Saturated fat has been vilified as one of the worst types of fat, but is this really the case? Read on for some saturated fat FAQs …
What is saturated fat?
Saturated fat occurs naturally in animal (and some plant) sources of food. Saturated fats are compounds that have a chemical makeup in which the carbon atoms are saturated with hydrogen atoms. This means they’re mostly solid at room temperature.
What foods have saturated fat in them?
Saturated fats occur naturally in many types of foods. The majority come from animal products like meat and dairy products like butter, cheese, milk, ice cream, cream. Most vegetable oils contain some saturated fats, and certain types have a higher amount, such as coconut, palm, and palm kernel oils.
How does saturated fat affect my health?
The short answer is it’s complicated and it depends who you ask. Why? Because all saturated fats aren’t created equal. Certain types of saturated fat molecules, including the ones found in dark chocolate and meat (stearic acid) and coconut oil (lauric acid), may actually be good for you because they raise your HDL (good) cholesterol.
Research is still inconclusive but these two types of saturated fats do not appear to have the same harmful effects as other types. In fact, the 2010 Dietary Guidelines Advisory Committee recommended that restricting saturated fat intake should not apply to stearic acid (the kind of saturated fat found in dark chocolate).
On the other hand, there are certain types of saturated fats that have shown some correlation to certain negative health effects, such as increased LDL cholesterol, blood lipids, and inflammation.
Let’s look at some specific research studies to see what the latest research says:
1. Mozaffarian D, Micha R, Wallace S (March 2010). Katan, Martijn B. ed. “Effects on Coronary Heart Disease of Increasing Polyunsaturated Fat in Place of Saturated Fat: A Systematic Review and Meta-Analysis of Randomized Controlled Trials”. PLoS Medicine.
This study showed that consuming polyunsaturated fats instead of saturated fats reduces risk of heart disease.
2. Siri-Tarino PW, Sun Q, Hu FB, Krauss RM (March 2010). “Meta-analysis of prospective cohort studies evaluating the association of saturated fat with cardiovascular disease”. The American Journal of Clinical Nutrition.
This meta-analysis, which combined data from 21 studies and included nearly 350,000 adults, found no evidence that saturated fat increased risk of heart disease and stroke.
3. Van Horn L et al (February 2008). “The evidence for dietary prevention and treatment of cardiovascular disease”. Journal of the American Dietetic Association.
This study found that study participants who consume 25-35% of their calories from fats but <7% from saturated fats and trans fats reduced their risk of heart disease. Since trans fat, which has proven to be the worst type of fat, was grouped with saturated fat, this study doesn’t have much merit.
So how much saturated fat should I eat?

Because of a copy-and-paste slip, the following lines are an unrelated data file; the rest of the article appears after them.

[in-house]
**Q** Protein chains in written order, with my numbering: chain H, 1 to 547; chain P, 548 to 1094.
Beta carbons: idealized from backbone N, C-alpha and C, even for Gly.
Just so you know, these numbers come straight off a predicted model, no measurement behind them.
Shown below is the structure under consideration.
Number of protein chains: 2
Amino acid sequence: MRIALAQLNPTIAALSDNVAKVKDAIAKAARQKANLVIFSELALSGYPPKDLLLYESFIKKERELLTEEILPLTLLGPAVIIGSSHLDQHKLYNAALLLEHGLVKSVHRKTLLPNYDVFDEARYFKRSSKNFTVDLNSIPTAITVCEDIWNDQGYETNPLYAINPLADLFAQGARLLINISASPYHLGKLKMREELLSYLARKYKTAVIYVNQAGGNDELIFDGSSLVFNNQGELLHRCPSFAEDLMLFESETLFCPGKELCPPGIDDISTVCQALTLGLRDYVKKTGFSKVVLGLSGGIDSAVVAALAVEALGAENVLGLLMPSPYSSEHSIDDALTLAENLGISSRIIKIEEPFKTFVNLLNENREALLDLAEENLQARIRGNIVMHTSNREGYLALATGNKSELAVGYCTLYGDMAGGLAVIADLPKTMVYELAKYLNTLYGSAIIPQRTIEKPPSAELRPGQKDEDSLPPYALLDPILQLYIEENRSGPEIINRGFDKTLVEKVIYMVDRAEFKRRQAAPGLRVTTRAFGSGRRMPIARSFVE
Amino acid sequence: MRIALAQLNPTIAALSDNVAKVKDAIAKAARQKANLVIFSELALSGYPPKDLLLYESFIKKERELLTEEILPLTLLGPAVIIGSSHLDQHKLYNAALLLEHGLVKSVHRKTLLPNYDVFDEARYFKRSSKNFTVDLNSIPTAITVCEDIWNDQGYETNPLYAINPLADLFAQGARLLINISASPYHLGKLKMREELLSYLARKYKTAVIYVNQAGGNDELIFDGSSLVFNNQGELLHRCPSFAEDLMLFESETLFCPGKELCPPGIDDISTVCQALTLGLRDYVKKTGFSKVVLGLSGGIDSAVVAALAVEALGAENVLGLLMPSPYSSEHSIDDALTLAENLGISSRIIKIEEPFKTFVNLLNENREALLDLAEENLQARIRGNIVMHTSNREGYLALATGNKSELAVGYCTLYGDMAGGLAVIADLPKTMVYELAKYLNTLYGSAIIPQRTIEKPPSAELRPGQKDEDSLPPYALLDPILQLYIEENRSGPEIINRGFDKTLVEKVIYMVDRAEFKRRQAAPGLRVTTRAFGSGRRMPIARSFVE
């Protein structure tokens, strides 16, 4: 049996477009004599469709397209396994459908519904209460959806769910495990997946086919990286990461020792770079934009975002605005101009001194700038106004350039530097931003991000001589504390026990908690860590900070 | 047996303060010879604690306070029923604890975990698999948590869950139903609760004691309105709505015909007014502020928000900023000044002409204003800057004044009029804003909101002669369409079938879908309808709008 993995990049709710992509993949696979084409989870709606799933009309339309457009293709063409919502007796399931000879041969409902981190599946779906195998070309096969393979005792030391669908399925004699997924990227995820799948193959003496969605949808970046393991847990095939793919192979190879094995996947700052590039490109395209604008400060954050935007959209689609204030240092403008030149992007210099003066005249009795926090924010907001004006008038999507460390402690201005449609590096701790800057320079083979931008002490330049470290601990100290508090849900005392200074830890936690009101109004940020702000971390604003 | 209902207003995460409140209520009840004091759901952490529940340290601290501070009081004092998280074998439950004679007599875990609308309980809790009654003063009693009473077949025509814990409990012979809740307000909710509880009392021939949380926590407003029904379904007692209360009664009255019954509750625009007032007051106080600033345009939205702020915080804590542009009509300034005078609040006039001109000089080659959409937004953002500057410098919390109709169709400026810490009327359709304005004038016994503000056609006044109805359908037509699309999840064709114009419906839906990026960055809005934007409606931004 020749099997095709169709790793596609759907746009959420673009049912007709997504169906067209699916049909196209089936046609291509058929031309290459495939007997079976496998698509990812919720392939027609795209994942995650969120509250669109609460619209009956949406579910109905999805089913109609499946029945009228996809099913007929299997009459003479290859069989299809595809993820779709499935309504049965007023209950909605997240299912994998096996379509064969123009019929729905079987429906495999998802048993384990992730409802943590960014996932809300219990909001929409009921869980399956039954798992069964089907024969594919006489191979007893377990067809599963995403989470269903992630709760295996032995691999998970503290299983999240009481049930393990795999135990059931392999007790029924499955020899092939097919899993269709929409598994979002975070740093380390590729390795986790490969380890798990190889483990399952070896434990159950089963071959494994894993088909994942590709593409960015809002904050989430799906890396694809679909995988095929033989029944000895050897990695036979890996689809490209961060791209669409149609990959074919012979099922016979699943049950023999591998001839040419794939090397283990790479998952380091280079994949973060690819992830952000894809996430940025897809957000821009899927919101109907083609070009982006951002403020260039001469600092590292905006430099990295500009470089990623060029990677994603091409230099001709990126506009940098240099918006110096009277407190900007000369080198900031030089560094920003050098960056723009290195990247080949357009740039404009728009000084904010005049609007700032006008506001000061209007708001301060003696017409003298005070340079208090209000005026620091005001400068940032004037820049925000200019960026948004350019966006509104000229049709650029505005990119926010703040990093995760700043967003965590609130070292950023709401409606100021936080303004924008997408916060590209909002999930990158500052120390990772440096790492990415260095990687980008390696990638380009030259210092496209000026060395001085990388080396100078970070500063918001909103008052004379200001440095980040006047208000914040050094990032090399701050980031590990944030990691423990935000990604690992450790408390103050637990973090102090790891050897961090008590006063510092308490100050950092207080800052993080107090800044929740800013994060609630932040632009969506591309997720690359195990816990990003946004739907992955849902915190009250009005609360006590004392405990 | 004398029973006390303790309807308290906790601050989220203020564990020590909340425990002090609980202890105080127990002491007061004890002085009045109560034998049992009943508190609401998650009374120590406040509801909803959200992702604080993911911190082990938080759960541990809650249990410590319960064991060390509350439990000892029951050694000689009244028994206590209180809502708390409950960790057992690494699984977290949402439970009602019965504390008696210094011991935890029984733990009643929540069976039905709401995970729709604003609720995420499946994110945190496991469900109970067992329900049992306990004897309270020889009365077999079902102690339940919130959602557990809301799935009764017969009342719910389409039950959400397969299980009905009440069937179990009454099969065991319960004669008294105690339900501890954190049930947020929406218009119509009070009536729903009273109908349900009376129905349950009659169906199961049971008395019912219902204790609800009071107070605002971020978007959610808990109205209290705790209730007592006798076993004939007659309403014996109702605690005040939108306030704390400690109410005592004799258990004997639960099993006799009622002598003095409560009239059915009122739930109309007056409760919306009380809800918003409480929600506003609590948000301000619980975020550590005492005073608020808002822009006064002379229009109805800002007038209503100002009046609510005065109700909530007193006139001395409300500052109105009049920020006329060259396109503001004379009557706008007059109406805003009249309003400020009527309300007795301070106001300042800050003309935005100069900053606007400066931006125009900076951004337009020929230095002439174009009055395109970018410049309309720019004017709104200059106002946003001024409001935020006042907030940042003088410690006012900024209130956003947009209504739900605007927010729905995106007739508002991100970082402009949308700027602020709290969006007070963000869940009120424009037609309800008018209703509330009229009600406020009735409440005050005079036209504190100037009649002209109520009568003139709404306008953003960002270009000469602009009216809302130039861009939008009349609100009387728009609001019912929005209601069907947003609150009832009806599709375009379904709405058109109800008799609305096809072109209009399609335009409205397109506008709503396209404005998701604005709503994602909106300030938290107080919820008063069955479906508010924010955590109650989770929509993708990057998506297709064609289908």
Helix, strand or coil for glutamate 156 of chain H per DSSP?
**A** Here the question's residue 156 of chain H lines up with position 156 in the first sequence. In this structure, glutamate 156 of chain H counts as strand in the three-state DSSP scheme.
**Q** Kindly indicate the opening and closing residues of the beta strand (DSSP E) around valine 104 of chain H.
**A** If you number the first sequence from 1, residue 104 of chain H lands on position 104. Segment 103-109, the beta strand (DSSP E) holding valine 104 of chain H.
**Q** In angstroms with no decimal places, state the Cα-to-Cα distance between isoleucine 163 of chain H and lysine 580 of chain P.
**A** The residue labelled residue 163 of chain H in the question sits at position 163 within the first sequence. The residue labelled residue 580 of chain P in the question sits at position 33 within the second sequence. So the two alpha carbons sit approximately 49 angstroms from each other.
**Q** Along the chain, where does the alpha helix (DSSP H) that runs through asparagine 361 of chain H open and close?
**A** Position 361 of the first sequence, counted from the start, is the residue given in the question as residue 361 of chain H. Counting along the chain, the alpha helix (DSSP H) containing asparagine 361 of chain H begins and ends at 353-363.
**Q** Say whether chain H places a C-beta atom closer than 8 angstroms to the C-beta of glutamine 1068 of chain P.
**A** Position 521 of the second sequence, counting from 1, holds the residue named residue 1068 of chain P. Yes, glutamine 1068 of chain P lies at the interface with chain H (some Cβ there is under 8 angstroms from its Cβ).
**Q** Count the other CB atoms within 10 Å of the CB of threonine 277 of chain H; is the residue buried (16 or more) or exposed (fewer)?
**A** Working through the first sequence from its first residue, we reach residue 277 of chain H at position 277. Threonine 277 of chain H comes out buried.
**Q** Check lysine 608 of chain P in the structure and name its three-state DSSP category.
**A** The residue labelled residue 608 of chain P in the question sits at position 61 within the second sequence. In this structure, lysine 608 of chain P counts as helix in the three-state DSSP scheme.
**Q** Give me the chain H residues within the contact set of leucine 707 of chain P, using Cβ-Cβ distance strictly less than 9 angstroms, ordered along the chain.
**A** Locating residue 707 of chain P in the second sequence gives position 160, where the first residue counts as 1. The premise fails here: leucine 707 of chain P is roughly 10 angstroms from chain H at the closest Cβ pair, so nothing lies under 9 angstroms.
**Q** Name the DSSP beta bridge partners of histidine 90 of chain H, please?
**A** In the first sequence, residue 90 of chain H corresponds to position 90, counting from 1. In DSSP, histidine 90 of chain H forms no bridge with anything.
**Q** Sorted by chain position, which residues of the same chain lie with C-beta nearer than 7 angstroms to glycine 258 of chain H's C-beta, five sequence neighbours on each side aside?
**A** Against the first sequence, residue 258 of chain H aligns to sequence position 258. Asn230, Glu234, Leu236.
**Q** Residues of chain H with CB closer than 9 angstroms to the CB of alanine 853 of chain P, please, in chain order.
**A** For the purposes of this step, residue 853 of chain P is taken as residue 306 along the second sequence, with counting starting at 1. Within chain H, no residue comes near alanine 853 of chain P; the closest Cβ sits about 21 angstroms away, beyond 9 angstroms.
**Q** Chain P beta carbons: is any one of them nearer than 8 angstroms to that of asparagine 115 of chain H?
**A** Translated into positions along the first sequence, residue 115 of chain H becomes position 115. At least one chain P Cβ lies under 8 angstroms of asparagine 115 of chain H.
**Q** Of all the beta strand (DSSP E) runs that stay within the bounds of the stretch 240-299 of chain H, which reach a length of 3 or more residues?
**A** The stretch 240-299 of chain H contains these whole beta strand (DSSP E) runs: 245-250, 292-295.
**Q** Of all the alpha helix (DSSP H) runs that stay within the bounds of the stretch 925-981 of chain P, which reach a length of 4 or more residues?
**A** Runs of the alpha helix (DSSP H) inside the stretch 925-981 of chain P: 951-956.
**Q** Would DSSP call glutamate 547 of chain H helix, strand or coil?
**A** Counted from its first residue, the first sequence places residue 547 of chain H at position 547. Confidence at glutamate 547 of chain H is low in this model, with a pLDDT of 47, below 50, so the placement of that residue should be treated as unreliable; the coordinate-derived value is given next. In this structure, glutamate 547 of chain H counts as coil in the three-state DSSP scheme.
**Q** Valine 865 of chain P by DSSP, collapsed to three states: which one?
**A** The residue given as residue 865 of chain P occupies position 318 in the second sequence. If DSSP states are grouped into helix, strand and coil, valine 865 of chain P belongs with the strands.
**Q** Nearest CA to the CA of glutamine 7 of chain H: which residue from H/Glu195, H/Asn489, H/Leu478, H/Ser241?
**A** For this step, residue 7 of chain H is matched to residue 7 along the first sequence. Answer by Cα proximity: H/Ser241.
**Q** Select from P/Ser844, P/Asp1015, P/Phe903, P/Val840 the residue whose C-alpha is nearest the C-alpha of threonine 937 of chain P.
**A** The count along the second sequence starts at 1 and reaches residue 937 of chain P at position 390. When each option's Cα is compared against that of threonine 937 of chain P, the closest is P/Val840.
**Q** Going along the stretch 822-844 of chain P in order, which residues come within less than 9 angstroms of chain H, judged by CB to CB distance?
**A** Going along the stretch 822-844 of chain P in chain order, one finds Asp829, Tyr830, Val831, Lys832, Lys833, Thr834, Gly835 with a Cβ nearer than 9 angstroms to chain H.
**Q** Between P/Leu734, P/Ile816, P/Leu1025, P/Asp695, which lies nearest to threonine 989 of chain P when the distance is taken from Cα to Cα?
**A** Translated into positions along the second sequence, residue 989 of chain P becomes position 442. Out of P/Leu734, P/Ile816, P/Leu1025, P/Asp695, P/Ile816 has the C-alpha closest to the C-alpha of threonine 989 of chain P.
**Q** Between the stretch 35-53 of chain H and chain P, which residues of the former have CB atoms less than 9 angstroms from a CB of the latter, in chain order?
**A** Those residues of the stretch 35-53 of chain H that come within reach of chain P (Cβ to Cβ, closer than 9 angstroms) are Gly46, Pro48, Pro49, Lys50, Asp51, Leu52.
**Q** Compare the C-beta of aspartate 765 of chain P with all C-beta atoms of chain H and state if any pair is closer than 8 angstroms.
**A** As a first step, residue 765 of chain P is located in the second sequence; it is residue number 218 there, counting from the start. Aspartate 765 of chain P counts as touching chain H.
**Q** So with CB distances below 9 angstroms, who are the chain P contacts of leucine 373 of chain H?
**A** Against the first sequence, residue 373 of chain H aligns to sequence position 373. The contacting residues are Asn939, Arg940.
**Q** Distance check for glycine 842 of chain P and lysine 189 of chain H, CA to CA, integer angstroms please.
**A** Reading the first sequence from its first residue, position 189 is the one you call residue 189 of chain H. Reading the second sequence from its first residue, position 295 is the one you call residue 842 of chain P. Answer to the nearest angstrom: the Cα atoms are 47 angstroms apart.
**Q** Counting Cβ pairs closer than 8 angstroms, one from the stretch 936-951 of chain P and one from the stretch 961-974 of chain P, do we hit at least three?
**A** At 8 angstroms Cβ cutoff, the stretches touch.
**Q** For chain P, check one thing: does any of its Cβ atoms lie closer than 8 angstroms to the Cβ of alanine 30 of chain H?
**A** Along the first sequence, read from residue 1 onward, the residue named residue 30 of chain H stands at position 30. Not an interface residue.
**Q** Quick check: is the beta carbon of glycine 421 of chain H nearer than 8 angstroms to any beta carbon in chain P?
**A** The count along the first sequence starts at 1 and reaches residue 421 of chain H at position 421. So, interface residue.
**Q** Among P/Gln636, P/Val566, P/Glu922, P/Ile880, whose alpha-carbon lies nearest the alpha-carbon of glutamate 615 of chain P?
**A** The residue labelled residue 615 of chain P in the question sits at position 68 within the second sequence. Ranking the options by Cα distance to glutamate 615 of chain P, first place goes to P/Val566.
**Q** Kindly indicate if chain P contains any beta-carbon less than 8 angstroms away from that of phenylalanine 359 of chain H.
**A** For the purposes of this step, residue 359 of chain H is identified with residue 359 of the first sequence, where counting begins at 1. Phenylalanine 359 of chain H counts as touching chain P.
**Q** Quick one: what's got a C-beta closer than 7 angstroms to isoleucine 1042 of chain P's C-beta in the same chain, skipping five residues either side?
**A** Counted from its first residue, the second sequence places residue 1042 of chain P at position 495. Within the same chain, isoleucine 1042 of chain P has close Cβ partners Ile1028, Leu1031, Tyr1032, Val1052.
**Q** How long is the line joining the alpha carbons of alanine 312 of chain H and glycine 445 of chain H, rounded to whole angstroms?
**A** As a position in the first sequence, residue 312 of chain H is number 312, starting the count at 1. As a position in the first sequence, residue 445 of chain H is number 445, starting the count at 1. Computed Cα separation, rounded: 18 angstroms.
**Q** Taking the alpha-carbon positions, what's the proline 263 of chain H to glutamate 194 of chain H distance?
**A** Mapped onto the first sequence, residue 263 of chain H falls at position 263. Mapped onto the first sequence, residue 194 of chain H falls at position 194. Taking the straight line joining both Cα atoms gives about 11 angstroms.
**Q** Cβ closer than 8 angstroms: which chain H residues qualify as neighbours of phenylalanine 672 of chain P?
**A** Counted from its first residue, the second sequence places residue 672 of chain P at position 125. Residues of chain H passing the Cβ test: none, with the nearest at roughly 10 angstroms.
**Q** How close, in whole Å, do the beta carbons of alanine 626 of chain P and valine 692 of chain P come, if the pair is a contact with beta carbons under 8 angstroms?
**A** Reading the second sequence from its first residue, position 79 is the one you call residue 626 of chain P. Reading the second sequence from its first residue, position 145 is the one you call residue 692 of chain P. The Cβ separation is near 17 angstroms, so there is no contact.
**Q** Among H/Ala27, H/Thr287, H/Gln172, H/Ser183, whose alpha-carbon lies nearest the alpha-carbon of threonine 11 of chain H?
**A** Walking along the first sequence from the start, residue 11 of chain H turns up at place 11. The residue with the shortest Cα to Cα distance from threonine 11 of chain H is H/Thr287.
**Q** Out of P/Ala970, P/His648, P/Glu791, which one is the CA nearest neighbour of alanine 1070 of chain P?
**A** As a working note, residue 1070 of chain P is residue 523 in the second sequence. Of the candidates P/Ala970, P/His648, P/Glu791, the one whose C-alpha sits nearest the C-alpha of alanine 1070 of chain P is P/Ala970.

The American Heart Association recommends limiting the amount of saturated fats you eat each day to less than 7 percent of your total caloric intake. So if you eat 2,000 calories a day, 140 of these calories or less should come from saturated fats, which equals about 15.5 grams.
However, the AHA and other major health organizations are still basing their findings on inconclusive data that’s fairly dated. Many health experts who support more saturated fat in the diet say that the latest recommendations for saturated fat intake are largely influenced by a famous research study from the 1950s conducted by Dr. Ancel Keys that found a correlation between saturated fat intake and heart disease mortality. This study has since proven to have had serious flaws, but the vilification of saturated fat has continued ever since.
Here’s my approach/recommendation on saturated fat:
I’ll quote a fairly reputable source, the Harvard School of Public Health, to sum up my stance:
“Cutting back on saturated fat will likely have no benefit, however, if people replace saturated fat with refined carbohydrates—white bread, white rice, mashed potatoes, sugary drinks, and the like. Eating refined carbs in place of saturated fat does lower “bad” LDL cholesterol—but it also lowers the “good” HDL cholesterol and increases triglycerides. The net effect is as bad for the heart as eating too much saturated fat—and perhaps even worse for people who have insulin resistance because they are overweight or inactive.”
So this means:
- Eat more fat (not including trans) …
- Mostly from monounsaturated and polyunsaturated sources (olive oil; avocados; nuts such as almonds, walnuts, and pecans; and seeds such as pumpkin and sesame seeds; and fatty fish like tuna and wild salmon) …
- Add some saturated fat each day from whole foods like dark chocolate, grass-fed beef, and coconut oil …
- And eat less carbohydrates from grain sources.
I think David Katz, M.D., Director of the Yale Prevention Research Center, said it best: “Choose wisely — foods close to nature, mostly plants — and you will avoid a host of ills, from the wrong kinds of fat, to excesses of sugar, salt, starch and calories.”
This article is #6 in my 9-part tutorial called “Healthy Eating 101”.
To go to the next article about the worst type of fat click here.
To read article #5 about good fats and why they’re important click here.